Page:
When You Get The Love You Think You Deserve.

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A break from our regularly scheduled programming to talk about courage.

If I must confess, I was a low self-esteem junkie. You get a strange sort of rush acknowledging the hate that surrounds you in catacomb mouths of taunting children. While the optimistic may deem this nervousness fight or flight, I prefer to think of it as eat or be eaten. I remember being pitted against other girls in gladiator-esque fights while a patron older girl laughed, repeated kicks to the stomach just to see if I would succumb to pain and the ever present fear of being deserted. Attack or risk broken bones and bruised flesh, the metallic tang of defeat against your teeth. I don’t remember ever feeling completely comfortable in my skin as a child.

I grew up in corn fields and plains flatter than roads can reach. Kansas, Iowa, then an oasis gap in Maryland before moving down south to Arkansas. Coveted beauty reflected the rustic scenery, with flaxen-haired girls batting cyan irises.  A visitor once asked why the people weren’t as nice and kind as the churches looked. A peer once asked a teacher to tell me my outfits were hideous. A girl wouldn’t stop laughing and mocked me as I wept from bullying. (The teacher did nothing.) People announced I would never attract a lover– far too hideous, too nerdy, too squinty-eyed and yellow. Hours spent huddled in reading nooks away from lunchrooms. The click of cameras and snickers in noisy gym changing rooms, the resultant shame in my own body, my own skin. Pleasure in binge-eating, hours of television, running…anything to block out the sound of just not belonging.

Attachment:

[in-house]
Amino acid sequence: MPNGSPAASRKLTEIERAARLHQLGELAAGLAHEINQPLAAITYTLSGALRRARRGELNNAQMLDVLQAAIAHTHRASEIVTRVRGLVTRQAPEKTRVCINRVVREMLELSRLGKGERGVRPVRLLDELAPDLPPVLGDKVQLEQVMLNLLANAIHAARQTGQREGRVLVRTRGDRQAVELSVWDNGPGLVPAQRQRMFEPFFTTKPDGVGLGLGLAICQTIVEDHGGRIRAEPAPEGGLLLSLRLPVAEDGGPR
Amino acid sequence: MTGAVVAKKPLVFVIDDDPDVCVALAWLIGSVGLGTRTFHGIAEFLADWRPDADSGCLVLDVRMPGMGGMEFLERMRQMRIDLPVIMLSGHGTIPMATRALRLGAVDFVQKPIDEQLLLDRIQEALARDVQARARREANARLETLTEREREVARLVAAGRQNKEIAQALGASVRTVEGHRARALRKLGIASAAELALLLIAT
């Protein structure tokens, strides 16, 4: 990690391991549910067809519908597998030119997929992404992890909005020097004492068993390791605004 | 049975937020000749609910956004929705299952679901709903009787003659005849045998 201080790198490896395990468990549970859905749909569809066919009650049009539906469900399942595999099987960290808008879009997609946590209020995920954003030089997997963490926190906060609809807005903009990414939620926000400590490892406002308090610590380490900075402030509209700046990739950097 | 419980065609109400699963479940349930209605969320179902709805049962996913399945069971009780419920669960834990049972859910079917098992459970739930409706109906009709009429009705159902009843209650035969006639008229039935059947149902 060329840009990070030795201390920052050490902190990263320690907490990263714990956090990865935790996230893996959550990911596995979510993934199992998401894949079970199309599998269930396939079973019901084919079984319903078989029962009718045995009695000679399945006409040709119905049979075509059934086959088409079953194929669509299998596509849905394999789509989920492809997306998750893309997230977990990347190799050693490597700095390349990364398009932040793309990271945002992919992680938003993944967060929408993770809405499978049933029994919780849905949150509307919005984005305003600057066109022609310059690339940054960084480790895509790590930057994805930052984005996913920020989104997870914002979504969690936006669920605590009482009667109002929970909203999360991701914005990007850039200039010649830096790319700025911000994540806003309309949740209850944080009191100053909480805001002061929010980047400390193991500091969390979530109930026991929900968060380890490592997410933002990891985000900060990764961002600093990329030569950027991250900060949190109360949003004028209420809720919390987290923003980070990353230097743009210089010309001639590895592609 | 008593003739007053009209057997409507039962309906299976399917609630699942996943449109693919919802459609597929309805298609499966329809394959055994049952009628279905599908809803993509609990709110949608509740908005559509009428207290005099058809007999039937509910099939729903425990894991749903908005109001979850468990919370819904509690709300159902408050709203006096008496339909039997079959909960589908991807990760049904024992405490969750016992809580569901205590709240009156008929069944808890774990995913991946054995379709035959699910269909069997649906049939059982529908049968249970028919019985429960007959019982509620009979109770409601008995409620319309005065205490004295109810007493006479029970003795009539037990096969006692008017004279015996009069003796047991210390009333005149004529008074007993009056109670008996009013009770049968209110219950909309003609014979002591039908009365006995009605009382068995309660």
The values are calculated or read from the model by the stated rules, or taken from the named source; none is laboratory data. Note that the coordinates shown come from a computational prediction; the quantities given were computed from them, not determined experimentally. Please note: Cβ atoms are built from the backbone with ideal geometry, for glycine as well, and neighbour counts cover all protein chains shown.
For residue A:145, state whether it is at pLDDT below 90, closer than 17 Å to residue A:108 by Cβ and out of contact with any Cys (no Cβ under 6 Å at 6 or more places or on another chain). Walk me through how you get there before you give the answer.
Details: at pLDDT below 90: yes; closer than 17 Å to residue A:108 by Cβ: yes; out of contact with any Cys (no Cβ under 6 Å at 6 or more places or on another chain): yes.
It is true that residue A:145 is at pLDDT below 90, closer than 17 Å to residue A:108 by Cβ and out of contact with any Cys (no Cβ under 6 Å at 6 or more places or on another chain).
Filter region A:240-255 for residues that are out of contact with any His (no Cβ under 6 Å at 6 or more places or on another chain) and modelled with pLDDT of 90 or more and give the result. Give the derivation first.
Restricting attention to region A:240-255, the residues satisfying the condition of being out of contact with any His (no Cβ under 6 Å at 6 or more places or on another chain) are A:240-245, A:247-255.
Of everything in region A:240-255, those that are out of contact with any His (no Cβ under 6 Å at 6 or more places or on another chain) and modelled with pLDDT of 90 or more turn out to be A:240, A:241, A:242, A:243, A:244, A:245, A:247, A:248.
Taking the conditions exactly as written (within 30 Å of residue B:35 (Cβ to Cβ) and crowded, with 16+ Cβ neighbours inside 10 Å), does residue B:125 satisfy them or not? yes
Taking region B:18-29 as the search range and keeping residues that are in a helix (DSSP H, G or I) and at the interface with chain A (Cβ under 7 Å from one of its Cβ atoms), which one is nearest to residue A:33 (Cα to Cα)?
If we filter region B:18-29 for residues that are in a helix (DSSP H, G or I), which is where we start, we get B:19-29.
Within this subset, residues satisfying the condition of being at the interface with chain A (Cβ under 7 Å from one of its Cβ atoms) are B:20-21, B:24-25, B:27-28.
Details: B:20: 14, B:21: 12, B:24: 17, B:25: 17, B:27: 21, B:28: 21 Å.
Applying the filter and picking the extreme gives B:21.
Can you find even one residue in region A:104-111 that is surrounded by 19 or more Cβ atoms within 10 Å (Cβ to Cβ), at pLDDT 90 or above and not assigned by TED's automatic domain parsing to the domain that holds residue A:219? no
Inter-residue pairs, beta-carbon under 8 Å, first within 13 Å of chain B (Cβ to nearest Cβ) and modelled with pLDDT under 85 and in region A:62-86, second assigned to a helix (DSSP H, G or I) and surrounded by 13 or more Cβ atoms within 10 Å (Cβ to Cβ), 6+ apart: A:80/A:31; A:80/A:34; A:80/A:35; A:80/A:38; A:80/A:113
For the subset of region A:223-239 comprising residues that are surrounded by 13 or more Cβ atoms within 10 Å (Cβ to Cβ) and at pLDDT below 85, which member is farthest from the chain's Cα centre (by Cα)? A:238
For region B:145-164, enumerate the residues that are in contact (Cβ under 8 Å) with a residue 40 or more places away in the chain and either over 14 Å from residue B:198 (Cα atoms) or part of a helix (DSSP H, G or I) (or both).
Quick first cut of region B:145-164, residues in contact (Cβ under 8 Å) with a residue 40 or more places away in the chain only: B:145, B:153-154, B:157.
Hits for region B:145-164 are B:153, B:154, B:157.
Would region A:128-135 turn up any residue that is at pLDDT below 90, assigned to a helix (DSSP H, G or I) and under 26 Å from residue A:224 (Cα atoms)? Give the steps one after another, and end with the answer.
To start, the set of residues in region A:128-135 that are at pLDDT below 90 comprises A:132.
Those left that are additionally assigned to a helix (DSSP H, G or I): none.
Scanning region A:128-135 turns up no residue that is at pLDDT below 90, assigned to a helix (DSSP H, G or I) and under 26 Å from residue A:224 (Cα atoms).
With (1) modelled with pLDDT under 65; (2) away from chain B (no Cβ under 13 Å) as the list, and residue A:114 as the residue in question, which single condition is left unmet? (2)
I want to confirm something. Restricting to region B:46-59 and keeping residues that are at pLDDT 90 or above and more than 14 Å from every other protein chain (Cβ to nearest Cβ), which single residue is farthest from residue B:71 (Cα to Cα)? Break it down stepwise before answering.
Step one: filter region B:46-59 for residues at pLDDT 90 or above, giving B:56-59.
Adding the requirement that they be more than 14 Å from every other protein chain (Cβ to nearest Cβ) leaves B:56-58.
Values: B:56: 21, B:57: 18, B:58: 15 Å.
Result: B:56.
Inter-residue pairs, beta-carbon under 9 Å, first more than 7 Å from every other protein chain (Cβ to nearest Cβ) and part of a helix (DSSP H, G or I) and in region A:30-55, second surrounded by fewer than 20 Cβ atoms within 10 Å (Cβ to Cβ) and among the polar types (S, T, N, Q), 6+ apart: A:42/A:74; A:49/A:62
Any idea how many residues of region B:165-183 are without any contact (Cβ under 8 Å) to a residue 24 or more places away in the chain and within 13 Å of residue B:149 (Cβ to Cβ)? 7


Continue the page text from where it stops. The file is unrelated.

“Chink.”
“Fugly. Mugly, even, she needs a muzzle.”
“Go home.”

Hate is not something you can run away from. After a near breakdown in middle school, it was difficult to distinguish reality from paranoia. I thought people in the hallway were talking behind my back. What made my suspicions worse was when reality actually cut in–many of my paranoid thoughts came true. “Friends” who told me I could never amount to anything. Bullies who dared to only whisper behind seats in architecture class. “Fugly hermaphrodite toad.” Of course, never forget the body shaming. “Have you seen her eyes? She looks like she’s been punched…permanently.” It’s funny, despite being in my dream job in a faraway location, how stubbornly these memories stick to you. At the time, death sounded like it would become me.

Silence. Stillness. Not even pleasure, I gave up hope for that, but just hung onto the the thought of not being bullied. I entertained jumping, electrocution and choking. Drowning, downing pills or simply wasting away. My mind became a bizarre factory for frantic nightmares. Household items morphed into possible weapons.No place was safe, especially in my mind.

Then, there was God. I know my story is not special or alienated by extremity or type… but God. I was so downtrodden and ready to die…but God. No one loved me…but God. It was all hopeless…but God. I wish I could do this story more justice, to tell you what it was like to actually have an encounter with Christ, yet I do believe it’s one of those things you have to see for yourself. Perhaps, for you, it won’t be bright lights or sunrises. Perhaps for you, like me, it will be a struggle through dark tunnels and caves, yearning for a glimpse of light as faint as a distant star.